As Ally Shewan strolls for his morning paper in Peterhead, braced against the lethal wintry conditions, it cannot help but remind him of times of old.
He was part of the times of yore when football existed in sepia-toned photographs and would be played on pitches carpeted in snow – when a slide-tackle was as crisp and aggressive as the blizzards currently battering Scotland.
Aberdeen legend Shewan, who between 1963 and 1969 made a record 313 consecutive appearances for the Dons, looks back on those days fondly, with memories of pitches becoming muddy quagmires for his afternoon’s work as the supporters crammed shoulder-to-shoulder for a glimpse of the heroes of the day.
Shewan said: “I was looking back through some of my old scrapbooks the other day and we played games in pure mud.
“That was back in the 1960s when we had real players. You would be expected to play in a couple of inches of snow where they’d just clear the lines.
“It happened at Pittodrie a couple of times. As long as the games were on, the crowds would still turn up.
“Sliding tackles were great fun in weather like that – and you got away with it. Back then sliding tackles seemed to be more about getting the ball but nowadays they get the man more often than not.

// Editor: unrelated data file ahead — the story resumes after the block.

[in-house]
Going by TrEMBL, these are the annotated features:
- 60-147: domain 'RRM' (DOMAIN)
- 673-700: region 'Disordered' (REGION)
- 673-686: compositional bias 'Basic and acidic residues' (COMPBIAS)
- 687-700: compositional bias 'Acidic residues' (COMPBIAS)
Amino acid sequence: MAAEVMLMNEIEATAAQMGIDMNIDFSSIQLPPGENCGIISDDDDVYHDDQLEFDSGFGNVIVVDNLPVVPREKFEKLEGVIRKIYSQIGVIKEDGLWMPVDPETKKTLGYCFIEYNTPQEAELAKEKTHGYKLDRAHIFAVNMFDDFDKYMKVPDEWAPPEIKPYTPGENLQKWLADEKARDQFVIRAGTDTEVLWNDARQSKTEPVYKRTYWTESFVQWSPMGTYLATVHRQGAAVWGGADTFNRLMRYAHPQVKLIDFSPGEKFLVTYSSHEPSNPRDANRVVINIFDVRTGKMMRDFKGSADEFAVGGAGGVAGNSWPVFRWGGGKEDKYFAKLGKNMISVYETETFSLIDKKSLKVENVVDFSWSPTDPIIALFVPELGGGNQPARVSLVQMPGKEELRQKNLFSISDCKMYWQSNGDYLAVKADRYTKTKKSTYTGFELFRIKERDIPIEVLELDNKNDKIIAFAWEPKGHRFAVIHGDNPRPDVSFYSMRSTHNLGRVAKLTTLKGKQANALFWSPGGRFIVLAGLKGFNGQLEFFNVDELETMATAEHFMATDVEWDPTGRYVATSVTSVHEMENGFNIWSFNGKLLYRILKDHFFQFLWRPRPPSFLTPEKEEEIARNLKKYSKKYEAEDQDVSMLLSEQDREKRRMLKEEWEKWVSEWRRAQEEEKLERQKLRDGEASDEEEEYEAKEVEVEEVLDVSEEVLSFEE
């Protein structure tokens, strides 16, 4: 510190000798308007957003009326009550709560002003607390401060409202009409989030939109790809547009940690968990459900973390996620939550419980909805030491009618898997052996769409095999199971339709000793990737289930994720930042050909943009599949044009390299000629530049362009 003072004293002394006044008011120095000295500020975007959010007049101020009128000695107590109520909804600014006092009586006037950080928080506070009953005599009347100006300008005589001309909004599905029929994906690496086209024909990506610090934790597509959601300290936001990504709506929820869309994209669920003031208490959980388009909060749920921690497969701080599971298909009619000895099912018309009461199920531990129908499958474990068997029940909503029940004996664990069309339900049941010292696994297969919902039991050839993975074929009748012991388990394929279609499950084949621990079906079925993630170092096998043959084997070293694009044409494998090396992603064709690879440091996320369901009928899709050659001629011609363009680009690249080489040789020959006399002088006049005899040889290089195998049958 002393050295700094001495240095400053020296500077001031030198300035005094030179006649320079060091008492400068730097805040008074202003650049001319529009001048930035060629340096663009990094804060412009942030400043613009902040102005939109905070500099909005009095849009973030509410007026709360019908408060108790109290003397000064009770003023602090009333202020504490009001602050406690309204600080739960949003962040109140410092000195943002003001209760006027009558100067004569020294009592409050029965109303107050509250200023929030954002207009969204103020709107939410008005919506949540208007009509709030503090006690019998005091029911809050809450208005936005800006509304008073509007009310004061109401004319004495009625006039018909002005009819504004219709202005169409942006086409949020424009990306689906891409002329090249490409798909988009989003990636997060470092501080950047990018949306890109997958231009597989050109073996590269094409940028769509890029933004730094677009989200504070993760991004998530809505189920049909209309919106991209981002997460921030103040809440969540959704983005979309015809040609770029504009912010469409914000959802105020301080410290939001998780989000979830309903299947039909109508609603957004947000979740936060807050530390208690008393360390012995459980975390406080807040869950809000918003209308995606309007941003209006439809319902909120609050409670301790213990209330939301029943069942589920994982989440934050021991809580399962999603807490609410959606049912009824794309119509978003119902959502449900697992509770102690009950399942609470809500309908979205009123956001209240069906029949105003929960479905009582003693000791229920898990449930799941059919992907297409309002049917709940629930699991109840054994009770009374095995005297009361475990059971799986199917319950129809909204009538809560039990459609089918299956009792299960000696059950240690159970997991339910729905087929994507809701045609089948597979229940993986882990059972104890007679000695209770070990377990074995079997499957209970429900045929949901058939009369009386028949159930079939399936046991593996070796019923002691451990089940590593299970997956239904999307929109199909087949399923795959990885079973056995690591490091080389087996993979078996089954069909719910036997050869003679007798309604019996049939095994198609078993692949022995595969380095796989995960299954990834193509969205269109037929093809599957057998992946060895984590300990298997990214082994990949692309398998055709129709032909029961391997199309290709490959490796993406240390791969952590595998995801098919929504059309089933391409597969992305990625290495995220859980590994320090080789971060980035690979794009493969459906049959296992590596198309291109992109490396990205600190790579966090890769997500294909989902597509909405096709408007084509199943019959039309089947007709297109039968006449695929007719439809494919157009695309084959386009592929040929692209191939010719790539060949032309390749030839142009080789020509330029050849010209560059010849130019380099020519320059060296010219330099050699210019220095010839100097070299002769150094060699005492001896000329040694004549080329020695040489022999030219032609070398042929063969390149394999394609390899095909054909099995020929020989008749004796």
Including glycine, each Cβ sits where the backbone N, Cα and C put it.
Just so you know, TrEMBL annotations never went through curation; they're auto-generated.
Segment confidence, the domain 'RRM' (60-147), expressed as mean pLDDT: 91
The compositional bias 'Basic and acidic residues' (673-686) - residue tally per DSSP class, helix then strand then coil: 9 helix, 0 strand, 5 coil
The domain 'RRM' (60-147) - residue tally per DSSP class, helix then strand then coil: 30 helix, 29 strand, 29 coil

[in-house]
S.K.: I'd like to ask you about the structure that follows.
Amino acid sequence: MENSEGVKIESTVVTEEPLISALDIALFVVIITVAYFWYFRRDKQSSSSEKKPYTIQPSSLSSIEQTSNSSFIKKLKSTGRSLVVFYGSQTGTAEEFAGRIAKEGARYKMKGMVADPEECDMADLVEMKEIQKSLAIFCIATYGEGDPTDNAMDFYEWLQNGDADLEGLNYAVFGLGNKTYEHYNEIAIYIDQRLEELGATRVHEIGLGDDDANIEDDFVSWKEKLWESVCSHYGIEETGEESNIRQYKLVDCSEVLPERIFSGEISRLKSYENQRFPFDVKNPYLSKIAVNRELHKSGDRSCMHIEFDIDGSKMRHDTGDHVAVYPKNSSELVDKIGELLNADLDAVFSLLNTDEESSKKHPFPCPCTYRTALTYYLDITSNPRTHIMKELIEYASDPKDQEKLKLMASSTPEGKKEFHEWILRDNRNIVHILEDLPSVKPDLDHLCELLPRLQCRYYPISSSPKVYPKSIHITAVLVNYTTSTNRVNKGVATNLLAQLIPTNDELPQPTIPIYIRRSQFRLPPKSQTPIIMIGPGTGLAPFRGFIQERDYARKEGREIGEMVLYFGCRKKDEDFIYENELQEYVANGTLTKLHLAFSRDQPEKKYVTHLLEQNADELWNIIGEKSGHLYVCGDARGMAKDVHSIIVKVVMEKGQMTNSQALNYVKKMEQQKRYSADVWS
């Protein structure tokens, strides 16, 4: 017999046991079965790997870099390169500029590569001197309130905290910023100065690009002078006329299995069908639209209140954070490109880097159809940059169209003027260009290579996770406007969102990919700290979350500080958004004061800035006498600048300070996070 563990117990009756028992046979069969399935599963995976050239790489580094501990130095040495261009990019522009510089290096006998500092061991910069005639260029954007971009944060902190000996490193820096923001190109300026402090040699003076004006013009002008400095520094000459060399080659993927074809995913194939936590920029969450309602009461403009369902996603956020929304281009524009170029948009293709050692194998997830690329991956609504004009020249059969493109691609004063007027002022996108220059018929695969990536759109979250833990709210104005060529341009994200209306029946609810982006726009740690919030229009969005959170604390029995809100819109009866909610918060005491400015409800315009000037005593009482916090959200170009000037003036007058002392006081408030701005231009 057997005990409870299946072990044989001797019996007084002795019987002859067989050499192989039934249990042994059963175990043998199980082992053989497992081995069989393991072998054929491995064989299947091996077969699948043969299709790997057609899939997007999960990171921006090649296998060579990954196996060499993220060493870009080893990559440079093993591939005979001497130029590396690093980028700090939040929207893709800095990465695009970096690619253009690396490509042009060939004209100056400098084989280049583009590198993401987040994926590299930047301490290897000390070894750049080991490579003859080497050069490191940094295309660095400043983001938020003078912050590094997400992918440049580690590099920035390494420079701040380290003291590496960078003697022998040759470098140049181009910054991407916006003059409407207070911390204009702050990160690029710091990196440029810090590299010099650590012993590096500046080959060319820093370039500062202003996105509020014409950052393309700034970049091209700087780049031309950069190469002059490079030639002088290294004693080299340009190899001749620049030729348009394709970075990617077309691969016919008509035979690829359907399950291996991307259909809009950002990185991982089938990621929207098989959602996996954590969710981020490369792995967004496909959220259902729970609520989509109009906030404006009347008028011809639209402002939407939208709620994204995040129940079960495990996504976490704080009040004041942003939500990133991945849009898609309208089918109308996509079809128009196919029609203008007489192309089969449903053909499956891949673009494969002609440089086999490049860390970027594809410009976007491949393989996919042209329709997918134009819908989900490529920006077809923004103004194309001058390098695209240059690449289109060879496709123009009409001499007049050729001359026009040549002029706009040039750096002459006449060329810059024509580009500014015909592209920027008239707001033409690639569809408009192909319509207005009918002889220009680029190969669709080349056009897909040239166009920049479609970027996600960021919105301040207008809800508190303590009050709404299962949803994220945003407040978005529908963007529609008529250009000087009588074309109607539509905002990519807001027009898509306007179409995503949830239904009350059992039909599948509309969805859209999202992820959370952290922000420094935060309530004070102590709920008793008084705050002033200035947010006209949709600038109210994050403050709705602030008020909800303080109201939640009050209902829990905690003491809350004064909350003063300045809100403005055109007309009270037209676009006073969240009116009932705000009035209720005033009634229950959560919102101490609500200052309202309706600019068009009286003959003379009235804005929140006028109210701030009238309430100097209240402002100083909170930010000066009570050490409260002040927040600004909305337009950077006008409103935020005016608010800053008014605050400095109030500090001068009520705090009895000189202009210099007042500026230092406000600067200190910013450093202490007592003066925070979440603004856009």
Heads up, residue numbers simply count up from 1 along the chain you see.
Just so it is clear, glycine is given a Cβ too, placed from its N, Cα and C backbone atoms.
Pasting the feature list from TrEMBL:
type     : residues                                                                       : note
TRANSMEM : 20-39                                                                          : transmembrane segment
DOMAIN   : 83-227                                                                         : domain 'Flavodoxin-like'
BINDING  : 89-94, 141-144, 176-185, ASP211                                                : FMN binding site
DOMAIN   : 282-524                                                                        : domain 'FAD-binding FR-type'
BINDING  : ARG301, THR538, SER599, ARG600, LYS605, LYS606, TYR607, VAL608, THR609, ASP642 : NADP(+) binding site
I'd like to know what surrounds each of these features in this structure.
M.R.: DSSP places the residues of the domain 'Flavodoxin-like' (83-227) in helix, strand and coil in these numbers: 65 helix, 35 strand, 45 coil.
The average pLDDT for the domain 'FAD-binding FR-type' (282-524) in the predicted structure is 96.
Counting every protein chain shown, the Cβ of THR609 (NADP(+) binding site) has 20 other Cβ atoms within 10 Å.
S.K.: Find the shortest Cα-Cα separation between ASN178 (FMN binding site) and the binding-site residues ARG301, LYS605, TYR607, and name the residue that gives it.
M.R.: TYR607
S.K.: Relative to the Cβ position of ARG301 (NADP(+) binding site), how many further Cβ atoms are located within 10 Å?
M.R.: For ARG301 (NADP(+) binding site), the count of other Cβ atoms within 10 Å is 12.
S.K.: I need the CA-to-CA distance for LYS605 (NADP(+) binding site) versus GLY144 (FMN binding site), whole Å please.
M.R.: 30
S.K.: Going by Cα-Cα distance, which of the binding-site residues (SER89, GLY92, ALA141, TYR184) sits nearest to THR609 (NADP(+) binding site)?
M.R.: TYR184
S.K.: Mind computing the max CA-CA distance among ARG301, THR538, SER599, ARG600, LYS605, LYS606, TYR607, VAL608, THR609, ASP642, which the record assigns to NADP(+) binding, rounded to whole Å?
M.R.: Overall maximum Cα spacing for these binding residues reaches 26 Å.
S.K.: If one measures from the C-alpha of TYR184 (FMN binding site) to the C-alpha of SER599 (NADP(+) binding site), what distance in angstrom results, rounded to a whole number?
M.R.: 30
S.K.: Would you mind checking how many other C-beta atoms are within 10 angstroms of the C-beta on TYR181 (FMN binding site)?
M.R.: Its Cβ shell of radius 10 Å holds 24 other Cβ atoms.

“The referees were a lot better. Tiny Wharton was a great referee. He didn’t stand and call you over. He would run up beside you and say ‘now now Mr Shewan, no more of that’. You knew you couldn’t get away with it.
“We knew we had to play, regardless of the conditions. I had Eddie Turnbull as my manager, who was a hard man but who was always happy if you did what you were told.”
Duels with Celtic often spring to mind. The all-conquering Parkhead side of the late 1960s featuring Lisbon Lions such as Billy McNeill, Jimmy Johnstone and John Hughes would prove the sternest opposition.
Alongside Shewan stood long-serving goalkeeper Bobby Clark, Tommy McMillan and Jens Petersen as the 1967 incarnation of the Dons went toe-to-toe with the Celts for the Scottish Cup. Turnbull was their commander-in-chief, who did finally beat Celtic in a cup final three years later, with future Manchester United captain Martin Buchan in his ranks.
Shewan, now 77, is a product of a bygone age, where games, regardless of the weather, were ones to be relished.
His 50-year association with the Dons ended in 2016 after he stepped down as a matchday ambassador but his legacy remains in the form of the AFC Former Players’ Association.
He still goes to Pittodrie, where his Iron Man reputation, earned during a post-season tour to the United States in 1967, alludes to his fearlessness as one of the era’s great Scottish defenders.
Shewan said: “We had a game against Celtic at Parkhead that was really icy. Celtic attacker John Hughes was running about in baseball boots while we were in football boots.
“He had no problems because he was getting a better grip. We were going in for sliding tackles and I came off with both of my hips bruised.
“The game shouldn’t have been played and unfortunately we were on the wrong end of the scoreline. I remember one reserve game in which Eddie decided to play the first team against Celtic reserves because we’d not had a game for two or three weeks because of the weather.
“There was a lot of snow that day and I remember looking over to see who their number seven was.
“It was Jimmy Johnstone. He gave me the runabout that day but it was the only time that he did.”